The disk is an interesting quadric since it has a particularly straightforward intersection routine that avoids solving the quadratic equation. In pbrt, a Disk is a circular disk of radius at height along the axis. It is implemented in the files shapes/disk.h and shapes/disk.cpp.
In order to describe partial disks, the user may specify a maximum value beyond which the disk is cut off (Figure 3.8). The disk can also be generalized to an annulus by specifying an inner radius, . In parametric form, it is described by
Figure 3.9 is a rendered image of two disks.
The bounding method is quite straightforward; it computes a bounding box centered at the height of the disk along , with extent of radius in both the and directions.
3.4.2 Intersection Tests
Intersecting a ray with a disk is also easy. The intersection of the ray with the plane that the disk lies in is found and the intersection point is checked to see if it lies inside the disk.
The first step is to compute the parametric value where the ray intersects the plane that the disk lies in. We want to find such that the component of the ray’s position is equal to the height of the disk. Thus,
The intersection method computes a value and checks to see if it is inside the legal range of values . If not, the routine can return false.
If the ray is parallel to the disk’s plane (i.e., the component of its direction is zero), no intersection is reported. The case where a ray is both parallel to the disk’s plane and lies within the plane is somewhat ambiguous, but it’s most reasonable to define intersecting a disk edge-on as “no intersection.” This case must be handled explicitly so that NaN floating-point values aren’t generated by the following code.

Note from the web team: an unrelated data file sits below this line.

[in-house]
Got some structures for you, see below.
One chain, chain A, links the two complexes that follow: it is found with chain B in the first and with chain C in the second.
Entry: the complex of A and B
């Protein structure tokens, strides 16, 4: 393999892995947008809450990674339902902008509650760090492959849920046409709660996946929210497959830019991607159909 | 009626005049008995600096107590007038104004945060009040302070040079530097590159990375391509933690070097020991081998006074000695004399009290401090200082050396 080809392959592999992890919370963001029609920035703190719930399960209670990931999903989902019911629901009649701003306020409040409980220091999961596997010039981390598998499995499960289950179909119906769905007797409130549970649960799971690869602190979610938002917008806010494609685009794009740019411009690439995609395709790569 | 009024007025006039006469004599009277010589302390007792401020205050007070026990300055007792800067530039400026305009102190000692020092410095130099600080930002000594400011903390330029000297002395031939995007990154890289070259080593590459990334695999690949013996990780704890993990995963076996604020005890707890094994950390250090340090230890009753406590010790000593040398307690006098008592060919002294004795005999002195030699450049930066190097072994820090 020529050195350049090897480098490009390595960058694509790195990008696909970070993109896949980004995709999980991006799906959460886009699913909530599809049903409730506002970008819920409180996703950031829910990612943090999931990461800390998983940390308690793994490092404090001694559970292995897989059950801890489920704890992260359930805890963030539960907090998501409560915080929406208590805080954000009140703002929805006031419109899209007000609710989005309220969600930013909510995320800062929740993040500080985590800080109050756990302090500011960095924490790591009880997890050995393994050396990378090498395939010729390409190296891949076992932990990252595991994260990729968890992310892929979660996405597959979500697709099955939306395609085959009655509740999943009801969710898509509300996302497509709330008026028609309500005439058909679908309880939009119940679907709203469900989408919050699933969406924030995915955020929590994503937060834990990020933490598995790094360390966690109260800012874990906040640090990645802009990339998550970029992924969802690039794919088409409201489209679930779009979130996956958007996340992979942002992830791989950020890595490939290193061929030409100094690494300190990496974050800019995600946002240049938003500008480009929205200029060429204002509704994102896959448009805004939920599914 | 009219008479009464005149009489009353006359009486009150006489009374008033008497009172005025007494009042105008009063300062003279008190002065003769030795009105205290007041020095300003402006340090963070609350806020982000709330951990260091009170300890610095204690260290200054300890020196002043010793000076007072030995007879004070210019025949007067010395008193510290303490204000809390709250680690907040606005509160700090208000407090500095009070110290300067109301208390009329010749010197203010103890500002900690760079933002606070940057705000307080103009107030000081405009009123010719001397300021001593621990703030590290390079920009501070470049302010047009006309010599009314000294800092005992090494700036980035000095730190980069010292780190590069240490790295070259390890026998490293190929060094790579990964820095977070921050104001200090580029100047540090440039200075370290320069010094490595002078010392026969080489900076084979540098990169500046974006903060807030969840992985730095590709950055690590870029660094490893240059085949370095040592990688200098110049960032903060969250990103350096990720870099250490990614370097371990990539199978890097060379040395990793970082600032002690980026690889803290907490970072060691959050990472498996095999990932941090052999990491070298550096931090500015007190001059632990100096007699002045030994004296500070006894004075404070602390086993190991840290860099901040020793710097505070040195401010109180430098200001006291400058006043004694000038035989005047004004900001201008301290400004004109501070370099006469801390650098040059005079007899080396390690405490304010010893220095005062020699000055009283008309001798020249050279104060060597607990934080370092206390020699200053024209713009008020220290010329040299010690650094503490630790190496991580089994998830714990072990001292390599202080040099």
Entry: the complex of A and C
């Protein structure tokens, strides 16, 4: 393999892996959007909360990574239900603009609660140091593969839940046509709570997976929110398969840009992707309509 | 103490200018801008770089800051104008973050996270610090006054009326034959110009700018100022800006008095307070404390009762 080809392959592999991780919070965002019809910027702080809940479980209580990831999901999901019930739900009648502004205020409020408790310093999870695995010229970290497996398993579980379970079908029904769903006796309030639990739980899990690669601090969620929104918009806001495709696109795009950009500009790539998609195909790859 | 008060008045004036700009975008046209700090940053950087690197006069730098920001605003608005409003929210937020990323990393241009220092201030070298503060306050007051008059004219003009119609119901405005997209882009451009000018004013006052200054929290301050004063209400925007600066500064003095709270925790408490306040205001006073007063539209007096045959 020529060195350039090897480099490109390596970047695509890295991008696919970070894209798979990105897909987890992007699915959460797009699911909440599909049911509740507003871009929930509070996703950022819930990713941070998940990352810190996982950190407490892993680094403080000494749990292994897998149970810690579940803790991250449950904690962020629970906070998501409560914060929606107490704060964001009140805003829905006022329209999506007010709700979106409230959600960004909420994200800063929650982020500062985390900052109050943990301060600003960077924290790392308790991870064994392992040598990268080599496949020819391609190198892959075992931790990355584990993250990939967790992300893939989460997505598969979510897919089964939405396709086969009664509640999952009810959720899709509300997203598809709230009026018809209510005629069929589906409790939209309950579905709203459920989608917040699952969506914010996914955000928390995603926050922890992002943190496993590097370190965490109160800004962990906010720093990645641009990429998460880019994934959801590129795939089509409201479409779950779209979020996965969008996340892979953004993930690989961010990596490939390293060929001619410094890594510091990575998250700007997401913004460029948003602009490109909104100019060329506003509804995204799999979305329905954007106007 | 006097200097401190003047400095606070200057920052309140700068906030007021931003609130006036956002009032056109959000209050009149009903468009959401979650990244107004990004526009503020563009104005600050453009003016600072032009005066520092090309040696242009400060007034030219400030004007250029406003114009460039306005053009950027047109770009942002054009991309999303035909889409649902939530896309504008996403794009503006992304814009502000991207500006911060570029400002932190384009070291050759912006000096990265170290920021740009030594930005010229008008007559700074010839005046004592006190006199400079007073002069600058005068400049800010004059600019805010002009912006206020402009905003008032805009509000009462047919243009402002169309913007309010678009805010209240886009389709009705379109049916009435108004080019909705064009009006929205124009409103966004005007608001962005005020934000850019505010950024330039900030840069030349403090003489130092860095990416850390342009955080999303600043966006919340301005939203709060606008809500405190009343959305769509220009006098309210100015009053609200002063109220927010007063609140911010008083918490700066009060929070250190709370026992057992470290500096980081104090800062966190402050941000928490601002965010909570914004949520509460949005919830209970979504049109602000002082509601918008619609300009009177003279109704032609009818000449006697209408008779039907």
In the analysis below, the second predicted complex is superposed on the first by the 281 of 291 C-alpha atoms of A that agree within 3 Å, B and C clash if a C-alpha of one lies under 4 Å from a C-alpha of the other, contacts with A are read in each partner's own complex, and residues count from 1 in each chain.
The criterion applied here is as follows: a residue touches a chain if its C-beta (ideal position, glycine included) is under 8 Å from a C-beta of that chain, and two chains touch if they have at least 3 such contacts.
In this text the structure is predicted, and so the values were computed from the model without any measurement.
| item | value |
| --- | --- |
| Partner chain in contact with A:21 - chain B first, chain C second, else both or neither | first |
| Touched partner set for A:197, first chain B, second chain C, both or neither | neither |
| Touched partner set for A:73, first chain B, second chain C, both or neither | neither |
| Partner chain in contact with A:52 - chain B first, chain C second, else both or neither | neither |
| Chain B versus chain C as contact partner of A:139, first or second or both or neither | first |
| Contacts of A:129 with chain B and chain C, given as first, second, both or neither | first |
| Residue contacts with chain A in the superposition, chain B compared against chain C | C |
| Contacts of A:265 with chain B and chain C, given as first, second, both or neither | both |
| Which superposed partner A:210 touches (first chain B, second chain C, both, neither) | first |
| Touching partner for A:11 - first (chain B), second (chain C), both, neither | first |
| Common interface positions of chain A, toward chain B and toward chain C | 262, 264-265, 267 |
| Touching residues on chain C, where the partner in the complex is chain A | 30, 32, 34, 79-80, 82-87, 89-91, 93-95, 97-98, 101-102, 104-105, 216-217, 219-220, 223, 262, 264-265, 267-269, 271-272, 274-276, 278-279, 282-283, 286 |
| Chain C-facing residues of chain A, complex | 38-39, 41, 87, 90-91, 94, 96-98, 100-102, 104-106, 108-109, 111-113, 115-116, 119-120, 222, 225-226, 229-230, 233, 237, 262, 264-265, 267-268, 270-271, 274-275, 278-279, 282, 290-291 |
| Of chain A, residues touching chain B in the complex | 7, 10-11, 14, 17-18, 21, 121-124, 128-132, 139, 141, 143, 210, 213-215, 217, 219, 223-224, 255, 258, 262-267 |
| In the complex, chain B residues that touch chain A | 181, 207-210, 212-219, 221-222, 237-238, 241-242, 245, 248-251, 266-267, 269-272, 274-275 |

Now the intersection method can compute the point pHit where the ray intersects the plane. Once the plane intersection is known, false is returned if the distance from the hit to the center of the disk is more than Disk::radius or less than Disk::innerRadius. This process can be optimized by actually computing the squared distance to the center, taking advantage of the fact that the and coordinates of the center point are zero, and the coordinate of pHit is equal to height.
If the distance check passes, a final test makes sure that the value of the hit point is between zero and , specified by the caller. Inverting the disk’s parameterization gives the same expression for as the other quadric shapes.
If we’ve gotten this far, there is an intersection with the disk. The parameter u is scaled to reflect the partial disk specified by , and v is computed by inverting the parametric equation. The equations for the partial derivatives at the hit point can be derived with a process similar to that used for the previous quadrics. Because the normal of a disk is the same everywhere, the partial derivatives and are both trivially .
3.4.3 Surface Area
Disks have trivially computed surface area, since they’re just portions of an annulus: